Manish Malhotra is a heritage designer with an expert eye to what women want and how to fulfil their bridal fantasies. Each season the couturier selects an Indian craft technique he wants to explore and this year’s couture collection showcased zari and mirrorwork. Manish is also very fond of Kashmir, Kashmiri motifs and its indigenous handcraft resulting in the entire collection being produced there. Gilt-edged glamour in every tone of gold imaginable was the message this year with mirrorwork detail on hems and collars for both men and women on an otherwise toned down collection by Manish’s standards. Showstopper, Alia Bhatt, walked down the ramp in a traditional ruby embroidered lehenga reportedly weighing a hefty 20kg. Despite the indulgence in this creation the look had a sophisticated vintage charm and the simple blouse was well balanced. If you’re a bridezilla who insists on matching embroidery motifs for your groom (as donned by Aditya Roy), Manish is already one step ahead to fulfill your every demand.
Manish Arora, on the other hand, had another vision in mind for his Indian bride. A staple in the Paris ready-to-wear seasons, it has been a couple of years since Manish showcased a brand new couture collection in Delhi which is often given an encore of the Paris presentation. For an Indian designer, ignoring the lucrative bridal market is madness so the designer created a special brand accordingly: Indian by Manish Arora.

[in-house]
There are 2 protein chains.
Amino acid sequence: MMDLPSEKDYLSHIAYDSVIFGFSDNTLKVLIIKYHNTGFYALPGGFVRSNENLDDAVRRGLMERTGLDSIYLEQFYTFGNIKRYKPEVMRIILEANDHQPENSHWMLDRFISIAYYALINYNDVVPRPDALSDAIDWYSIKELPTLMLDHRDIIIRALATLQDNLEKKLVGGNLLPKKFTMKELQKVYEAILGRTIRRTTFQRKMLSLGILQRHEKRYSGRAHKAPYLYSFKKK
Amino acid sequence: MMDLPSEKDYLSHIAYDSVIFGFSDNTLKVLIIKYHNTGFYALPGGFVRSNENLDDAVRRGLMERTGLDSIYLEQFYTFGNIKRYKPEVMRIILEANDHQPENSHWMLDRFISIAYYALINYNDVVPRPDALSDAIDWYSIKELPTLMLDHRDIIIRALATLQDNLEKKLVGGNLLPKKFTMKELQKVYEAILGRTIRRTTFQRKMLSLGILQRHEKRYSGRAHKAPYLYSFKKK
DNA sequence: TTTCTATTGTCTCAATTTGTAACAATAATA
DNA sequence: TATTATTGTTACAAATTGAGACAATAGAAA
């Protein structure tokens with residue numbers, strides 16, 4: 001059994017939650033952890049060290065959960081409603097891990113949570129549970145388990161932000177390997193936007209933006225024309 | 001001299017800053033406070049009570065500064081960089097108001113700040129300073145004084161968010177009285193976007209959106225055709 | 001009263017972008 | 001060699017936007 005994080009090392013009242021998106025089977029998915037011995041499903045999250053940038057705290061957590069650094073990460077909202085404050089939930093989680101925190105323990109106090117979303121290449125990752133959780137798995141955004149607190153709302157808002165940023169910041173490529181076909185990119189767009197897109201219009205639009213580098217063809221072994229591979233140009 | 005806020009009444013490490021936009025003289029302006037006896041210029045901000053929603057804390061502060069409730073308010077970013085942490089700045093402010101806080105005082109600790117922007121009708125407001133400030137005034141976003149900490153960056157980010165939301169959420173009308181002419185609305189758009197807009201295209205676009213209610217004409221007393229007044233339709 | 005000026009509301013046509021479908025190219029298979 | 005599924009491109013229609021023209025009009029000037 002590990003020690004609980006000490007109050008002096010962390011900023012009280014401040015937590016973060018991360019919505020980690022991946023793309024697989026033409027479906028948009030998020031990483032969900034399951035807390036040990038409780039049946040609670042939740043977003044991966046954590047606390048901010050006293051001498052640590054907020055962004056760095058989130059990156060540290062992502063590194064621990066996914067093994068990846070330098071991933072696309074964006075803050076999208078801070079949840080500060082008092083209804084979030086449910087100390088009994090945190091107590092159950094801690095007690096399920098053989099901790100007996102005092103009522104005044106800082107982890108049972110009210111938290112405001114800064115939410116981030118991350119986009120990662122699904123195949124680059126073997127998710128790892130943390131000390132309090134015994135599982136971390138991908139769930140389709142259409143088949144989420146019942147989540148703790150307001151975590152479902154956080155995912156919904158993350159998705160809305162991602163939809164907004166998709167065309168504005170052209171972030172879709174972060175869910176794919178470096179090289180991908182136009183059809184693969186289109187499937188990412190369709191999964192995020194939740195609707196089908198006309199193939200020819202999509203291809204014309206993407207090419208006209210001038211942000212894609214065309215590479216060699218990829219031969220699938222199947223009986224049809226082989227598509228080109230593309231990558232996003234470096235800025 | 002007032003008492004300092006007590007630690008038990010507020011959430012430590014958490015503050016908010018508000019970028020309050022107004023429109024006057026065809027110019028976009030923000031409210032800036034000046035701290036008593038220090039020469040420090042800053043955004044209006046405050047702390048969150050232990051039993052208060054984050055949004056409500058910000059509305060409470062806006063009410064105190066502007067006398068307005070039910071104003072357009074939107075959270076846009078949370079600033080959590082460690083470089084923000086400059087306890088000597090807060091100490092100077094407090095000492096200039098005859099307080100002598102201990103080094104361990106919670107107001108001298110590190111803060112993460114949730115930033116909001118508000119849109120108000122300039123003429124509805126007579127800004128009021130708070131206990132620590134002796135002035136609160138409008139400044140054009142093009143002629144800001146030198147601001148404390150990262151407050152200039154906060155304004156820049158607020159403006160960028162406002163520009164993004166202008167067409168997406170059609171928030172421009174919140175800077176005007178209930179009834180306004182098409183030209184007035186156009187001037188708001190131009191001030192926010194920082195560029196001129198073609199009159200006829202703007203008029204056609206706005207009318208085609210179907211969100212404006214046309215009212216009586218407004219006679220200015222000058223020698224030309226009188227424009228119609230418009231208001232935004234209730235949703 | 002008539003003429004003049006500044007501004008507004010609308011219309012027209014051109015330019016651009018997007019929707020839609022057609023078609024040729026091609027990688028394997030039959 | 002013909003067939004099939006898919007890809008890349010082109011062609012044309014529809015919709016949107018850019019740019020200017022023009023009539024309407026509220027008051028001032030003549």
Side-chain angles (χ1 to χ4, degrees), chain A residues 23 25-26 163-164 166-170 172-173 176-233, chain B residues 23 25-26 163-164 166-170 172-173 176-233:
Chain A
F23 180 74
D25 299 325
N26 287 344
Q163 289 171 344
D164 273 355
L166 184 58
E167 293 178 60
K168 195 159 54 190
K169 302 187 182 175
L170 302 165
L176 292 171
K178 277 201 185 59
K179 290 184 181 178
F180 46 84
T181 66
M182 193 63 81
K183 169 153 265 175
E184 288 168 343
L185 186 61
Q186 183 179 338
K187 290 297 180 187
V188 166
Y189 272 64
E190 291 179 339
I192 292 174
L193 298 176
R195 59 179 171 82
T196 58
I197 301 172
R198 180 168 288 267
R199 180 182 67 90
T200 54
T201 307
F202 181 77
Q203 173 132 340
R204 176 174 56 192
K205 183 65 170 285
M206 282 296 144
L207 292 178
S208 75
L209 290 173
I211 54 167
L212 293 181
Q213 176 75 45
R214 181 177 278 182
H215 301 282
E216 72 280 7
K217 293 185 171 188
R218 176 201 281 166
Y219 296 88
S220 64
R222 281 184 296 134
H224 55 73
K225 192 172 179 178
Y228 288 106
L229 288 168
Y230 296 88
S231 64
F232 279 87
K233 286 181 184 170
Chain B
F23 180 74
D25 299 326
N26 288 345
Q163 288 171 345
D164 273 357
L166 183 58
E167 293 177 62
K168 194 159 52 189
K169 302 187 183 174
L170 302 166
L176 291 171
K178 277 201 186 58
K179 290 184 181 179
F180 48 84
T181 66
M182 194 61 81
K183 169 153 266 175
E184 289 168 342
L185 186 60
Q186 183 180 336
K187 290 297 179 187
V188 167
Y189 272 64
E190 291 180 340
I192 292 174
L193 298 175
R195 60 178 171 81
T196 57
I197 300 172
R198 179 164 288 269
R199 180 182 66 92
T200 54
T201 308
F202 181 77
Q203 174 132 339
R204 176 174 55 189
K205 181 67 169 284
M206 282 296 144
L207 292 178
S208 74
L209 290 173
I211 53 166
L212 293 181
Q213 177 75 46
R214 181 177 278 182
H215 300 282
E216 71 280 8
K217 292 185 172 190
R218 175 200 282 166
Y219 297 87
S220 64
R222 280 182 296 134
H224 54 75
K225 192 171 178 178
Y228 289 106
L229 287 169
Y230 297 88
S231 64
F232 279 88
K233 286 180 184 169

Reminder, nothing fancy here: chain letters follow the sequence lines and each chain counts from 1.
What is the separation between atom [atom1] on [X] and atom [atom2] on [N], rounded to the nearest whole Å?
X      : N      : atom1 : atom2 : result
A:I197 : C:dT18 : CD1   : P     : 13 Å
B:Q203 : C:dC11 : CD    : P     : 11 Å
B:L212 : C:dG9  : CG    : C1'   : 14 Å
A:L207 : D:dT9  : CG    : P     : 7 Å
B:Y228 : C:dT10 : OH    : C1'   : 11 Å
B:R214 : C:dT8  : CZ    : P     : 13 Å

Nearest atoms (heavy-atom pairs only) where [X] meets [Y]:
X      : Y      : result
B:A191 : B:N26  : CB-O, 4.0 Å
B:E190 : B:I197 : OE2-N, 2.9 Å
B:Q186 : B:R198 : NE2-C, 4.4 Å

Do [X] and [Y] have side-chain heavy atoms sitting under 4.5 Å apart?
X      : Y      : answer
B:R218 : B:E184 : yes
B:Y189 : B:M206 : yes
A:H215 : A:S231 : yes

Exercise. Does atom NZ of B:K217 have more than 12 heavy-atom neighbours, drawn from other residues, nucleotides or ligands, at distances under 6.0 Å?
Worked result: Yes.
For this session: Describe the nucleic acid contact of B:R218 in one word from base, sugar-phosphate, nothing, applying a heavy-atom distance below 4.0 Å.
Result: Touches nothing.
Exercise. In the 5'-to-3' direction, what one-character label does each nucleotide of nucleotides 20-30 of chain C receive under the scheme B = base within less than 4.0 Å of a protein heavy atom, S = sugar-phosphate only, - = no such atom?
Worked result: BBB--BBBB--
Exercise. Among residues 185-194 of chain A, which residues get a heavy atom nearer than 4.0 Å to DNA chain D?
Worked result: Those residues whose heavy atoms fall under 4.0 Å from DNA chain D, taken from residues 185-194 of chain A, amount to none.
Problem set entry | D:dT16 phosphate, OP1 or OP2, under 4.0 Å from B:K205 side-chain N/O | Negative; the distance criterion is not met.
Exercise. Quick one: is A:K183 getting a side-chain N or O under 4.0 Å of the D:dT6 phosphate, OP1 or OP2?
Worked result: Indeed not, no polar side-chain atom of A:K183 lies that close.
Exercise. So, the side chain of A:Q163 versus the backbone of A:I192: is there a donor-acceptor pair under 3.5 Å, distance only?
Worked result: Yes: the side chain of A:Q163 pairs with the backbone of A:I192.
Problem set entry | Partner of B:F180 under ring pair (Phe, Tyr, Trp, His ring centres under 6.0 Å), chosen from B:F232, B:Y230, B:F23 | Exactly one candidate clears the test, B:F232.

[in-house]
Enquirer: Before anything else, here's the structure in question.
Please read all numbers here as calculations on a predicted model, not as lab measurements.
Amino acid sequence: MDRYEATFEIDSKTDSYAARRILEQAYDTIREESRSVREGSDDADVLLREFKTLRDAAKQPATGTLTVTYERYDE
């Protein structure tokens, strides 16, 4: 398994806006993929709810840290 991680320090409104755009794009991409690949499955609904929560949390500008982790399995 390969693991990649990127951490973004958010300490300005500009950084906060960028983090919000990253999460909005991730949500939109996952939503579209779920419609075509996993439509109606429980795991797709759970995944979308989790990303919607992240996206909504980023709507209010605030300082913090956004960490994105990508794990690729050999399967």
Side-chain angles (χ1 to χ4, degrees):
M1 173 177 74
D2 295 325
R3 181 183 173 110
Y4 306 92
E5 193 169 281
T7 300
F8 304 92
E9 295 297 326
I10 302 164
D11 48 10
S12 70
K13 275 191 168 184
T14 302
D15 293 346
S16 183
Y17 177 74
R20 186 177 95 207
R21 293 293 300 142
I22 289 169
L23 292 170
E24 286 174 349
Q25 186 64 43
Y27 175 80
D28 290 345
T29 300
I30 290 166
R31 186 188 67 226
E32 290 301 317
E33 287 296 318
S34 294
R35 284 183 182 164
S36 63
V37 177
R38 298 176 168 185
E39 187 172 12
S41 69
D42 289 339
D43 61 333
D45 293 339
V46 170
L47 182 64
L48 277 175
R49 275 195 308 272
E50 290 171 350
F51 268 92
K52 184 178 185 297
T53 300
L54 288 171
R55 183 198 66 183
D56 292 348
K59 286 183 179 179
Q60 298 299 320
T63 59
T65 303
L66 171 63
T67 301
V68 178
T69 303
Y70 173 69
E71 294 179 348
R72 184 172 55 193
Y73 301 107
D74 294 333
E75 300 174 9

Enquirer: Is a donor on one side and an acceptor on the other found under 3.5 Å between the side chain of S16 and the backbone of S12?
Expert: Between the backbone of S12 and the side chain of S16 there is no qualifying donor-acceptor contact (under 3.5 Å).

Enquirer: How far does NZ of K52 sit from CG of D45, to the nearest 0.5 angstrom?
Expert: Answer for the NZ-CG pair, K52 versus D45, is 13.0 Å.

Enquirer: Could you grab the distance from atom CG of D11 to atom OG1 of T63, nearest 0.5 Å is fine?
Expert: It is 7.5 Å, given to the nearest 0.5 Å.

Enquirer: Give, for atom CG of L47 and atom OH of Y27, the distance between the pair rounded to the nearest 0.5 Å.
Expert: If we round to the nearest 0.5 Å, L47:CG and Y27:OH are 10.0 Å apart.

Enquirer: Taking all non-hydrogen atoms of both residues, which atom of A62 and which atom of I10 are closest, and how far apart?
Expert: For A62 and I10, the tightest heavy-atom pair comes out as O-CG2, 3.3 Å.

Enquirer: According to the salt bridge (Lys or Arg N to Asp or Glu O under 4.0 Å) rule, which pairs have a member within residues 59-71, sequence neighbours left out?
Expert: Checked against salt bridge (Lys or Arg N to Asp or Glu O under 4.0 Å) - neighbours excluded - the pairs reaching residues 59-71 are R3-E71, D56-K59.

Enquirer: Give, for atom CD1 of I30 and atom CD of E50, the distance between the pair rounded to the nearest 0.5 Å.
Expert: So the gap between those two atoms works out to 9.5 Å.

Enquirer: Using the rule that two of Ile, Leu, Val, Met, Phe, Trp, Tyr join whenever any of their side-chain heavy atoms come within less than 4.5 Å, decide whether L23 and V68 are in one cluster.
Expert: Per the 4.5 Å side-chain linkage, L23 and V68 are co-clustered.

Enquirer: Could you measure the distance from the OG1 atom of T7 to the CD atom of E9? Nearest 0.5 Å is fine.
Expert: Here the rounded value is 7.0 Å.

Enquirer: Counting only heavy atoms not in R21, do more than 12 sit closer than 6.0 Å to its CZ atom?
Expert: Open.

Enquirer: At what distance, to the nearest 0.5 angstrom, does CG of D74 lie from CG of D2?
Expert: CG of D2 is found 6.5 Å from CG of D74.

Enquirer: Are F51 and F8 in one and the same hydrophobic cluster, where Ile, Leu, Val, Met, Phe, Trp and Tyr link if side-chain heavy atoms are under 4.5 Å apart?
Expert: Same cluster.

Showstopper, Alia Bhatt, walked down the ramp in a traditional ruby embroidered lehenga reportedly weighing a hefty 20kg
The intense motifs and rainbow kaleidoscope colour combinations are instantly recognisable as Manish Arora. Showing at the French Embassy instead of the Taj Palace, his collection featured five stories: iridescent sheer, prismatic festival lights, aristocratic Japanese chip embroidery, regal pearl embroidery and some signature multicolored kitsch for the collectors and original fans. A stratosphere away from traditional imagery makes it cleverly impossible to compare Manish’s designs to anyone else. With not a dupatta in sight, Manish Arora’s contemporary designs are bold, inimitable and not for the demure traditional girl.